He said National Security Council staff stopped sending emails when they found out Cheney’s staffers were reading their messages.

He said he believed that Cheney’s staff prevented Bush from seeing a National Security Council memo arguing strongly that the US needed far more troops for the March 2003 invasion and occupation of Iraq.

We’ve known for some time that there was a substantial fight between the CIA and the WHIG group. But nothing like this. Read that section again — the NSC staff stopped sending e-mails between themselves because members of the VP’s staff were spying on them. What in the hell is going on with these people?!?

Meanwhile, in Congress, despite passing by an overwhelming margin of 90 to 9 in the Senate, McCain’s anti-torture provision is being blocked by Dick Cheney’s good friend in the House, Denny Hastert. I didn’t think it was possible, but these asshats have sunk to an even lower level of hackery and ethical depravity.

The saving grace for my mood is that Cheney appears to have left a big, slimy trail — and Powell and Wilkerson have both taken some excellent snapshots of it. Now if only someone in DC had to cojones to do some oversight. *snerk* Oh, that was painful.

Christy Hardin Smith

Christy Hardin Smith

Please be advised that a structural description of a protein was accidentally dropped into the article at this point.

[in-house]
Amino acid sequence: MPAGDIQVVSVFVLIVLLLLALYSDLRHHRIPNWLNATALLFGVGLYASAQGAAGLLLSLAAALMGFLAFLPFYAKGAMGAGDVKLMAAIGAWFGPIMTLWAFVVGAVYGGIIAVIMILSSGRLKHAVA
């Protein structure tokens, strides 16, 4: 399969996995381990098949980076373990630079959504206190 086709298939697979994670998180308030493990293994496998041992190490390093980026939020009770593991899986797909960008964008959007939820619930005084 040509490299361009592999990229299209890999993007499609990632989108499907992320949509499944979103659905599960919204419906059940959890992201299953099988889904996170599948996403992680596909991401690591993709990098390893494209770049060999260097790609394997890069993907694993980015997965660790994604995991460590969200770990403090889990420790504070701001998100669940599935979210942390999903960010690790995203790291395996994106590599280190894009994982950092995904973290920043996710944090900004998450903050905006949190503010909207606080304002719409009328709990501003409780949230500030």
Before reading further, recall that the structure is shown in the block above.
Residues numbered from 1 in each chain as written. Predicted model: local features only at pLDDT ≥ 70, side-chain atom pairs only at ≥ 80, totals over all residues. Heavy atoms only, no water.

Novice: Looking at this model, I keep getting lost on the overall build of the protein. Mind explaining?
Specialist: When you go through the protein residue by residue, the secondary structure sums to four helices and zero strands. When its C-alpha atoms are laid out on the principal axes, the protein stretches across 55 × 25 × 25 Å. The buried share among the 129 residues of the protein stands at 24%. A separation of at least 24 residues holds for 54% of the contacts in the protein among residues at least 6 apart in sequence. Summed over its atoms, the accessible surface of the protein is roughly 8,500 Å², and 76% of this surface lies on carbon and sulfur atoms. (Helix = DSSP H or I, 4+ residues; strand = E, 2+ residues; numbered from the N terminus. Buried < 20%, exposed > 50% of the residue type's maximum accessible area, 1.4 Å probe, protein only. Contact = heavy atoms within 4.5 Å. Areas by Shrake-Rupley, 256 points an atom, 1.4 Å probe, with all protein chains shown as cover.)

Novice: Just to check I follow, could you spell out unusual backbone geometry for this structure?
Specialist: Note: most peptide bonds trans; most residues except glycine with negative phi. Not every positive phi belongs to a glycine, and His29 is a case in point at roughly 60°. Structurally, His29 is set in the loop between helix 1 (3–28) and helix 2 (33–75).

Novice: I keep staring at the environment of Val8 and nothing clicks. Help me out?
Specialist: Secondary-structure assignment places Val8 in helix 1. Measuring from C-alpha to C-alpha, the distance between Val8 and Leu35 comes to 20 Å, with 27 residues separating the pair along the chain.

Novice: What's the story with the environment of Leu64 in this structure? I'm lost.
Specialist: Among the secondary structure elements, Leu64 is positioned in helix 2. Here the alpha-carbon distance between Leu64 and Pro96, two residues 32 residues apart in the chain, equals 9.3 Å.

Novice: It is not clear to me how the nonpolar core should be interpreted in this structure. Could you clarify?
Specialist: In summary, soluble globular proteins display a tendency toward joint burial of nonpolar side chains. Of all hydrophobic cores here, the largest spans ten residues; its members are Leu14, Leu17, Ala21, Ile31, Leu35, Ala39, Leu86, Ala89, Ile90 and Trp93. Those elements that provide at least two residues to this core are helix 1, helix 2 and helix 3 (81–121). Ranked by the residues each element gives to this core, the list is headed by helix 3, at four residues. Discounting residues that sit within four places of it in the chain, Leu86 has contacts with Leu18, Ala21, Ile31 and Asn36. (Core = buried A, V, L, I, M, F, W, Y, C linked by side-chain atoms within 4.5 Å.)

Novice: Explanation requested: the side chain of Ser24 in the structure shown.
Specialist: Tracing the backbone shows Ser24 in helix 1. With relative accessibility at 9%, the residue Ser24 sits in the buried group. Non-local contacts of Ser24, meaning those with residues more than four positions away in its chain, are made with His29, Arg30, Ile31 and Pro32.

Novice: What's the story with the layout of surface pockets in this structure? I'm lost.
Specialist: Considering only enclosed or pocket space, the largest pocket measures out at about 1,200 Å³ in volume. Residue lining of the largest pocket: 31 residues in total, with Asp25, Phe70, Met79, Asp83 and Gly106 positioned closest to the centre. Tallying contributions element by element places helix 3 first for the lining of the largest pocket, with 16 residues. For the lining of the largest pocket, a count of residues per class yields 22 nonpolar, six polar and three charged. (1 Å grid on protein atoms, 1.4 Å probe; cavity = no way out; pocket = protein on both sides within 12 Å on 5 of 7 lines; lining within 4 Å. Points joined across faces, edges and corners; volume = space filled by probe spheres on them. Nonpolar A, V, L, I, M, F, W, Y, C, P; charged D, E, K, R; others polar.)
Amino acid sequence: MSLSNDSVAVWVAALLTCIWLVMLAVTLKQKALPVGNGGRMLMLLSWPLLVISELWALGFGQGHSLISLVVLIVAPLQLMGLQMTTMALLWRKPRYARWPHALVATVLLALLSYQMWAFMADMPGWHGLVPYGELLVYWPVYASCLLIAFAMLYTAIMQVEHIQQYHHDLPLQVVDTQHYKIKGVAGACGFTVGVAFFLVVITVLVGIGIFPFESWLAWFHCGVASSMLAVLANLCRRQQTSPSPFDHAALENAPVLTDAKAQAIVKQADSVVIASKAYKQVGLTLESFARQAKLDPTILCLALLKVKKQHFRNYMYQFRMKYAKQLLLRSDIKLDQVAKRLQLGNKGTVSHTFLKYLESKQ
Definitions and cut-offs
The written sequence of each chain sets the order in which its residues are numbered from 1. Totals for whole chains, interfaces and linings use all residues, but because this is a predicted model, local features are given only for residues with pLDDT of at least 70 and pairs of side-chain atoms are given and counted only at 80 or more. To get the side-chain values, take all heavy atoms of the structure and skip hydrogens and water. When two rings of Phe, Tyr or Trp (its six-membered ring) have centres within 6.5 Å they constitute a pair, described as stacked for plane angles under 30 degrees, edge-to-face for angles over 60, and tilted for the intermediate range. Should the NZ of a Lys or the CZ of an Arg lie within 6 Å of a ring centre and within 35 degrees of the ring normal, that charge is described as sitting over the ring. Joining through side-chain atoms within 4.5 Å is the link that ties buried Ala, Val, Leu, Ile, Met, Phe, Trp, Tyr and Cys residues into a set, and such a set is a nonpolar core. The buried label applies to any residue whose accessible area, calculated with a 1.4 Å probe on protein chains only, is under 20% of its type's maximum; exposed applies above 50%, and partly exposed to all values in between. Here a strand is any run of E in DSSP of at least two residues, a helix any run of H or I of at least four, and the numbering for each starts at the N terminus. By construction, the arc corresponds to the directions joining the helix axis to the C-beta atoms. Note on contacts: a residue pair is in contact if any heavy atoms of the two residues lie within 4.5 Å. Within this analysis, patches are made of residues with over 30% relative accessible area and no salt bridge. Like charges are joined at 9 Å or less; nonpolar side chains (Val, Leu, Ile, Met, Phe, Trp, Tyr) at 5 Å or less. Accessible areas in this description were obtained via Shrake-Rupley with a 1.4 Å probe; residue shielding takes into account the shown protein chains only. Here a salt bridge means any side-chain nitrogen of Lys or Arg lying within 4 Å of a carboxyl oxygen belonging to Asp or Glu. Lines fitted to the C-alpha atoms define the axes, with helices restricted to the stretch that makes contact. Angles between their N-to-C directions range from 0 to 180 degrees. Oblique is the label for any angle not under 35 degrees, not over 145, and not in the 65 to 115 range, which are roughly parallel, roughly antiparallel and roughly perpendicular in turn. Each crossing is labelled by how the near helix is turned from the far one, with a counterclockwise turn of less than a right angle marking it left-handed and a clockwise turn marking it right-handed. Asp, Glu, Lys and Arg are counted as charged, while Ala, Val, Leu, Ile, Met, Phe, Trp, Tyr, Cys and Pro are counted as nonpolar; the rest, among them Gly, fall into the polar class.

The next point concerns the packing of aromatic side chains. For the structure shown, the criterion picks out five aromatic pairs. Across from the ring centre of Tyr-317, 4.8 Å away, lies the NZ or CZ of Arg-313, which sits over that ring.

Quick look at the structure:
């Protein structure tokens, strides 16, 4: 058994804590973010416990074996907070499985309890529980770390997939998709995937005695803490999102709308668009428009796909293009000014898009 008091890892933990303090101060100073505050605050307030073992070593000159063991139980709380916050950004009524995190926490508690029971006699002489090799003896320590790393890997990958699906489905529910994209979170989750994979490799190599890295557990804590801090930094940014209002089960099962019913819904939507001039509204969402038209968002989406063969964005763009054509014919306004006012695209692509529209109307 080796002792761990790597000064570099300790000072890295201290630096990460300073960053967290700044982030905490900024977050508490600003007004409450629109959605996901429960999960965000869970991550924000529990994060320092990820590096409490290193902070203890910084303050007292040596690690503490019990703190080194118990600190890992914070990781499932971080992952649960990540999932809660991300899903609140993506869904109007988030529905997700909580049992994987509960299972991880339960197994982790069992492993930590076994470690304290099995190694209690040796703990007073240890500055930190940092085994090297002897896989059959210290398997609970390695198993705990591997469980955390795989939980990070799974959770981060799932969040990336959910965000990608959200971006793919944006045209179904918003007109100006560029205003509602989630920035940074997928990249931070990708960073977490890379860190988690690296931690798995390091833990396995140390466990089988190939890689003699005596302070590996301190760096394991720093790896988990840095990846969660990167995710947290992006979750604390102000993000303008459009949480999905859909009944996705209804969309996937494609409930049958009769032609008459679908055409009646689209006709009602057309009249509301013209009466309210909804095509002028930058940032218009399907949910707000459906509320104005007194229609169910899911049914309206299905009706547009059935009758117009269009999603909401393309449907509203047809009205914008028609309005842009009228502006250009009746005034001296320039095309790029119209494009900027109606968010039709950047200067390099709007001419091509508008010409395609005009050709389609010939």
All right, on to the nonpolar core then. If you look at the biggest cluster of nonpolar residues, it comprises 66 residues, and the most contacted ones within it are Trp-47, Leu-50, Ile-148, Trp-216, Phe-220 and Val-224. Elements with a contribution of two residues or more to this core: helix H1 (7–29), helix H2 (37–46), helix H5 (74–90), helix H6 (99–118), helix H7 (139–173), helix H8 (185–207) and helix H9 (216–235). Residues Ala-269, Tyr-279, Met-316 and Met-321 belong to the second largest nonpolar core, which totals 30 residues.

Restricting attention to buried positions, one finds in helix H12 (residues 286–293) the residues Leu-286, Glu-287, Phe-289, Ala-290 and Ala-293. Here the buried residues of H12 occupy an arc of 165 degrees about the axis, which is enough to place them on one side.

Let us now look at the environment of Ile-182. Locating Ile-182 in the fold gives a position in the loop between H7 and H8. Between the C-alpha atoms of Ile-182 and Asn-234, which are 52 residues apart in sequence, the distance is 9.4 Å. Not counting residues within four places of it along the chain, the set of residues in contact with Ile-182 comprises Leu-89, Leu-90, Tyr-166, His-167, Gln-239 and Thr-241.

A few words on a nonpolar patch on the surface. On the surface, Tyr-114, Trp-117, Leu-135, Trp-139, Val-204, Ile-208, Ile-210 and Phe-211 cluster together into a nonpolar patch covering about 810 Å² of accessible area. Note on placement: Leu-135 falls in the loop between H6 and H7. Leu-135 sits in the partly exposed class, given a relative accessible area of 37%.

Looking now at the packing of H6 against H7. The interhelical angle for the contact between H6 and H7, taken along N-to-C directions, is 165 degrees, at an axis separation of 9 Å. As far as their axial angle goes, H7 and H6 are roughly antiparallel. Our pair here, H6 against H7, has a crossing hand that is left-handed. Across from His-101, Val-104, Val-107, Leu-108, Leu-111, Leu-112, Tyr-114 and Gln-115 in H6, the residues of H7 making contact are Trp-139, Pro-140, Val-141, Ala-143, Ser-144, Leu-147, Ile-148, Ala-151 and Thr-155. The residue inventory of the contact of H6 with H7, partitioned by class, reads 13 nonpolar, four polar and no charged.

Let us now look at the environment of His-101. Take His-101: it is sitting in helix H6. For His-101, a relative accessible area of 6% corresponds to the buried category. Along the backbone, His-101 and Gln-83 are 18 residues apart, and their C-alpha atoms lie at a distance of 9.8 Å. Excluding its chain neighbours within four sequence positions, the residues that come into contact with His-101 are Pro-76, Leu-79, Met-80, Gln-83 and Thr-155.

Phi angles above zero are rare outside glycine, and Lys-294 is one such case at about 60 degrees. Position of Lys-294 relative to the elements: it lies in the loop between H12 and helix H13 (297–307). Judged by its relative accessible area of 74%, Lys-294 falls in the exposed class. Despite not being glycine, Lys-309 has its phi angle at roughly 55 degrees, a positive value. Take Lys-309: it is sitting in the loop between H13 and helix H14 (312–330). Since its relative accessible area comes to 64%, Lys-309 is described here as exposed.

Christy is a "recovering" attorney, who earned her undergraduate degree at Smith College, in American Studies and Government, concentrating in American Foreign Policy. She then went on to graduate studies at the University of Pennsylvania in the field of political science and international relations/security studies, before attending law school at the College of Law at West Virginia University, where she was Associate Editor of the Law Review. Christy was a partner in her own firm for several years, where she practiced in a number of areas including criminal defense, child abuse and neglect representation, domestic law, civil litigation, and she was an attorney for a small municipality, before switching hats to become a state prosecutor. Christy has extensive trial experience, and has worked for years both in and out of the court system to improve the lives of at risk children.